If one performs wringing with neither of these intentions, it is still prohibited by Rabbinic Decree. Thus, even if the liquid will go to waste and the fabric will not be cleansed, one is prohibited from squeezing out any liquid.
Shabbos Ta’am HaChaim: Ki Savo 5776
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Have a Wonderful Shabbos!
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New Stories Ki Savo 5776
A Survivor of Iraqi Horror
Elisha Cohen’s family was the victim of unimaginable terror under Saddam Hussein. But he survived to tell the world.
by Yossi Krausz
“It’s very important for people to know what happened to my parents – what happened to my mother, what happened to my brothers and my sisters. No one heard their voice.”
Elisha Cohen speaks clearly and confidently when discussing the history of his family in Iraq, but there are moments when you can hear the emotion permeate his voice. Some of those are when he discusses the tragedies and vicious persecution that they faced under the Baath party and Saddam Hussein, and some of those are when he talks about his faith in the face of events almost too terrible to contemplate.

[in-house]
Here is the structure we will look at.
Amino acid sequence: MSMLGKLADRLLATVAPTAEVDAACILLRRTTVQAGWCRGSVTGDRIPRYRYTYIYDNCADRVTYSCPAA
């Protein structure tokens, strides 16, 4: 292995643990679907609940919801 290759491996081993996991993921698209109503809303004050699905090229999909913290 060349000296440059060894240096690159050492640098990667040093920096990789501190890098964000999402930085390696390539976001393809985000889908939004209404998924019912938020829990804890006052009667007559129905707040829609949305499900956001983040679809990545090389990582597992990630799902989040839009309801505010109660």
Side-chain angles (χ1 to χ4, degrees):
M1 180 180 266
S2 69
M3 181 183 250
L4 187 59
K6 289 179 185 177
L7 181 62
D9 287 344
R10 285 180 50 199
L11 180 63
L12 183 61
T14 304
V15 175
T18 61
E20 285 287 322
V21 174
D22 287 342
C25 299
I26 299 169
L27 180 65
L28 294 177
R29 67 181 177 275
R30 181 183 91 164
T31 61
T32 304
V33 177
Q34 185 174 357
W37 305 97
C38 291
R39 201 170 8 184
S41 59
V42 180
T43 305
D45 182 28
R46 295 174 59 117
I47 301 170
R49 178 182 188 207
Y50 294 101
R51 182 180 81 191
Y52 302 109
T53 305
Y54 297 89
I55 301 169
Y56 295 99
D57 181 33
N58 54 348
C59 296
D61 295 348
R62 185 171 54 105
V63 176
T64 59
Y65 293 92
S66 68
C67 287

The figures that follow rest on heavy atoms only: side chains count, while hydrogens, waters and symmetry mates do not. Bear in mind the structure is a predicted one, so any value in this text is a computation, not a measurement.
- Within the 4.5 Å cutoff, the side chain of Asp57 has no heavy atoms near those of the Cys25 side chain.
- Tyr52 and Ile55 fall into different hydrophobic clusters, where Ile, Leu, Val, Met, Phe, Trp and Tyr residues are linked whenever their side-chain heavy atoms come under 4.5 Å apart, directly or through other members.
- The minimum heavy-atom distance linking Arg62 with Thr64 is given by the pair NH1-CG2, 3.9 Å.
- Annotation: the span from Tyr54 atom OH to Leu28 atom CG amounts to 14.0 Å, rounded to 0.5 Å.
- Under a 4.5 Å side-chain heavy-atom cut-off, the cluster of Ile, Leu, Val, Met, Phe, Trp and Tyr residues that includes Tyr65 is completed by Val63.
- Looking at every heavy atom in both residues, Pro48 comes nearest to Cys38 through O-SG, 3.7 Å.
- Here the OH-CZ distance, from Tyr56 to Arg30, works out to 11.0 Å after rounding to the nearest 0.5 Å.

Elisha was imprisoned at a young age and forced to endure the murder of much of his family.
Imprisoned at a young age and then forced to endure the murder of much of his family, Elisha, known as Marvin in English, survived and escaped, eventually making his way to his present home in Perth, Australia. In his book My Salvation, which was transcribed by Andrew Blitz and published in 2014, and in speeches he’s given in Australia, he has continued to make people aware of the fate of the Iraqi Jews who remained in the country until the later years of the twentieth century.